Saint Hildegard of Bingen, of the 12th century, depicted God as the cosmic womb from whom the entire universe, not just the earth, was birthed. I asked Heather to print for each of you a coloured picture of this vision of hers. It depicts the four winds (you’ll see little faces blowing from each side), the four elements of earth, air, fire and water, and the four seasons. Her vision of the cosmic womb of God was undoubtedly inspired by Psalm 139, which describes how God knits each one of us together in our mother’s wombs.

The medieval theologians, including Hildegard, carried forward this holistic theology and philosophy from the ancient psalms. All of creation is connected and the health of one part affects the health of another.

Today’s scientific theory is returning to this holistic understanding. Chaos theory tells us that there is some unexplained force that is holding all of the various parts of creation together. For Christians, this force is love—divine love who has created each minute part of Creation, as well as the entire web of life that holds it all together.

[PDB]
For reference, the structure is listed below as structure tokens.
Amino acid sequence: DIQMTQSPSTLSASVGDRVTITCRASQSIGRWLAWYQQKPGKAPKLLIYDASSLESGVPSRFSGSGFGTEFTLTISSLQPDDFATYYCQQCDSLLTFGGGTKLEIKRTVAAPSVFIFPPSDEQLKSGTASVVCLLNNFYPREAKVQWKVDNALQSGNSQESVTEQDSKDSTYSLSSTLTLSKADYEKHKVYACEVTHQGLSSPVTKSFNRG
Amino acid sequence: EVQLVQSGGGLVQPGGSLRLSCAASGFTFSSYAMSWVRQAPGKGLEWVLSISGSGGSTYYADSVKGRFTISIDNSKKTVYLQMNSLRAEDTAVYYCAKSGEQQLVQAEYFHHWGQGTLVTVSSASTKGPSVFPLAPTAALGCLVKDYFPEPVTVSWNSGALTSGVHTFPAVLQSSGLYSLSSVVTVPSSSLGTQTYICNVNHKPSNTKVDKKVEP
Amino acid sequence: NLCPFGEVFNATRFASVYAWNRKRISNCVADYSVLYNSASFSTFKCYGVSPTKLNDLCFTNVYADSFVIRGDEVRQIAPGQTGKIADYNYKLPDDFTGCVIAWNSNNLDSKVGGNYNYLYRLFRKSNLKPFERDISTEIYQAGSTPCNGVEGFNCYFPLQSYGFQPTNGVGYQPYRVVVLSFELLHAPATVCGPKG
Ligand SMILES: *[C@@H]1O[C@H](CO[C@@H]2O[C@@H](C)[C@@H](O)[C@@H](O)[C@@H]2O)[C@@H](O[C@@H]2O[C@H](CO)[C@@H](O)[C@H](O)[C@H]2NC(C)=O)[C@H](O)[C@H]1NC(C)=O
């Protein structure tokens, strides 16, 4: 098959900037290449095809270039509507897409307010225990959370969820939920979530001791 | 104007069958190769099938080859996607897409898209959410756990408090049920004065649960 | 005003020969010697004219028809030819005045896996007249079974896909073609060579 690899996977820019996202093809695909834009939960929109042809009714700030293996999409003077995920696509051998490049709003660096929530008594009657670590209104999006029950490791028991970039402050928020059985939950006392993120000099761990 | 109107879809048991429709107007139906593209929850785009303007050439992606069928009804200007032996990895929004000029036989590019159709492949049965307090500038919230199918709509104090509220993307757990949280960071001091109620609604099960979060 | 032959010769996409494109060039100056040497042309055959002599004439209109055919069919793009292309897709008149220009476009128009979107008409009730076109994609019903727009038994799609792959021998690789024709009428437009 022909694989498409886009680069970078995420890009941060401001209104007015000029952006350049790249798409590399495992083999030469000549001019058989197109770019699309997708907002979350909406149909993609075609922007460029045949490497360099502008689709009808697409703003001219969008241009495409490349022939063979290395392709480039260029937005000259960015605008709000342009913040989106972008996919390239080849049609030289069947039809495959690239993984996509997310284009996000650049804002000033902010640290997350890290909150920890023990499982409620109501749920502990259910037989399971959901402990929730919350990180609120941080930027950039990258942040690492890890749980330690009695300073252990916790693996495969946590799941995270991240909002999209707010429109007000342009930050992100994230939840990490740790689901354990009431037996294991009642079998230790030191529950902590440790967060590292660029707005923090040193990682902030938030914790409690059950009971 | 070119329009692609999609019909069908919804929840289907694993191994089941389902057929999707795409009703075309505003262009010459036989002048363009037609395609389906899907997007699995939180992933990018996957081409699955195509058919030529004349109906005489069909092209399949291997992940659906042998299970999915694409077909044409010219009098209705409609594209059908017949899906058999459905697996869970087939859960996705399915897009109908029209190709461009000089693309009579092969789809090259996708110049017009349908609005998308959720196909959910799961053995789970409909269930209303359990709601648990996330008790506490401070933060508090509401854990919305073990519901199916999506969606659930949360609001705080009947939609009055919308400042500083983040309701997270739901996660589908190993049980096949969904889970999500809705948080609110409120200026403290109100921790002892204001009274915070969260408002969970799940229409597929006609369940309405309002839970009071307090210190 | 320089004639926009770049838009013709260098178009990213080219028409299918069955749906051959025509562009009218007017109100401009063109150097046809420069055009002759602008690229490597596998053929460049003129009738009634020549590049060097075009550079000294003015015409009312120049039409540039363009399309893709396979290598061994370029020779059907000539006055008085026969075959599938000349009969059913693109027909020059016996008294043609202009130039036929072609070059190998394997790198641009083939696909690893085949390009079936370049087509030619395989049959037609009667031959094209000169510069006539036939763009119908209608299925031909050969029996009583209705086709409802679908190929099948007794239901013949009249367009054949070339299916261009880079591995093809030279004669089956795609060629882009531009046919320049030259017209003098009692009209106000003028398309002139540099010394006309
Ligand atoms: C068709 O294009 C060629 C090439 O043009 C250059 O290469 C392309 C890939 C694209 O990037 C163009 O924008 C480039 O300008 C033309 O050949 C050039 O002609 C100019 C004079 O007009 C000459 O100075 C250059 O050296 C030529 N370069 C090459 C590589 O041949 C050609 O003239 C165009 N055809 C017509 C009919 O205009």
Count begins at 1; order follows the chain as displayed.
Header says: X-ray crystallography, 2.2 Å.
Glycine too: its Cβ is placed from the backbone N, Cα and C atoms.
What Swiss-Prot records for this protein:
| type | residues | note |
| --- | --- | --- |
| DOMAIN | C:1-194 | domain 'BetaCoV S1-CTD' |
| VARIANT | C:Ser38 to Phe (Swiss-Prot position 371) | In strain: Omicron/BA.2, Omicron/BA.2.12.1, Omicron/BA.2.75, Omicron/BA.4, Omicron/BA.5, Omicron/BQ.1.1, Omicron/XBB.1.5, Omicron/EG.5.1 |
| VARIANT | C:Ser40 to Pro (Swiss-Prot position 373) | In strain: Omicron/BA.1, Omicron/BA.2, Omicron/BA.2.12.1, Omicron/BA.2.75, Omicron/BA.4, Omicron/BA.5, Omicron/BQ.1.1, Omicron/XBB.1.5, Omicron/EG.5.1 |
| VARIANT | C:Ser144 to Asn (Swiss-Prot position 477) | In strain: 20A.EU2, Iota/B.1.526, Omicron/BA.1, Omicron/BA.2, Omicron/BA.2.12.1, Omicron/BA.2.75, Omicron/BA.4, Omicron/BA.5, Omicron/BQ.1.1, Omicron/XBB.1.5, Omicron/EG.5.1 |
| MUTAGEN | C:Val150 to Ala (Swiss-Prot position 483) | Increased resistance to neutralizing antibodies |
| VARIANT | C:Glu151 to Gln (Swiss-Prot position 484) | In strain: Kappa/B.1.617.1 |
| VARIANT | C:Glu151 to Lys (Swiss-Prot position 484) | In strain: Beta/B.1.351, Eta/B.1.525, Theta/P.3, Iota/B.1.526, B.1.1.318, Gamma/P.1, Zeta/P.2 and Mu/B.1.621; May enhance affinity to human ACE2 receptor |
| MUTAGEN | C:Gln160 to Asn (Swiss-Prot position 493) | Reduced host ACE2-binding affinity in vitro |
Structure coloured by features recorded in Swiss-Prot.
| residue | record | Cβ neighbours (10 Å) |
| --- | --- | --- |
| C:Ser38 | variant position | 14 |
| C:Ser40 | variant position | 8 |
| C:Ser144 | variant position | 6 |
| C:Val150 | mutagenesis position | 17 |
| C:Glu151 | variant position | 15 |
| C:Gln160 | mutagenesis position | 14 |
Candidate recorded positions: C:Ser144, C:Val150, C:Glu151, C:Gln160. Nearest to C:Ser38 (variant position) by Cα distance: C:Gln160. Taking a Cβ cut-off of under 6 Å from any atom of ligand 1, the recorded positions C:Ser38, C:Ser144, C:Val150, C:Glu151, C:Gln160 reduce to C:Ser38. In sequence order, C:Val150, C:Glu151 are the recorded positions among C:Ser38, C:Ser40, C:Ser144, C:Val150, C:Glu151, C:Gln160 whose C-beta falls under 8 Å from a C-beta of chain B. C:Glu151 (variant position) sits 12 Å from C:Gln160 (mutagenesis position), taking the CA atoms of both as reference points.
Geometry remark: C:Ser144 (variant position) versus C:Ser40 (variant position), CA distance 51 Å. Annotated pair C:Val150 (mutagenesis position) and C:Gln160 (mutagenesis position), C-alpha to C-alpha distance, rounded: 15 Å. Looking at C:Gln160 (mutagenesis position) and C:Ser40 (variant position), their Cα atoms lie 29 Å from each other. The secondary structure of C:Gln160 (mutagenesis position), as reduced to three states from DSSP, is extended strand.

A few weeks ago, I was meditating on a point at Dogtooth Lake in the early morning. Mists swirled in the shadowed waters as golden rays began to reach the opposite shore. A distant call of a loon echoed down the lake and then a small, black spot on the horizon began to grow into a bald eagle that flew the length of the lake towards me and veared off just as it reached my point. I was held in a mystical moment of awe and felt deeply at one with Creation. I was only one, small part of an infinite canvas of contrasts that are all connected through divine love.

We can only begin to imagine the creative, evolutionary energy and design required to form and sustain this incredible universe. Even more, the transcendent Creator is also the immanent lover of each one of us. The psalmist paints for us this mind-blowing picture.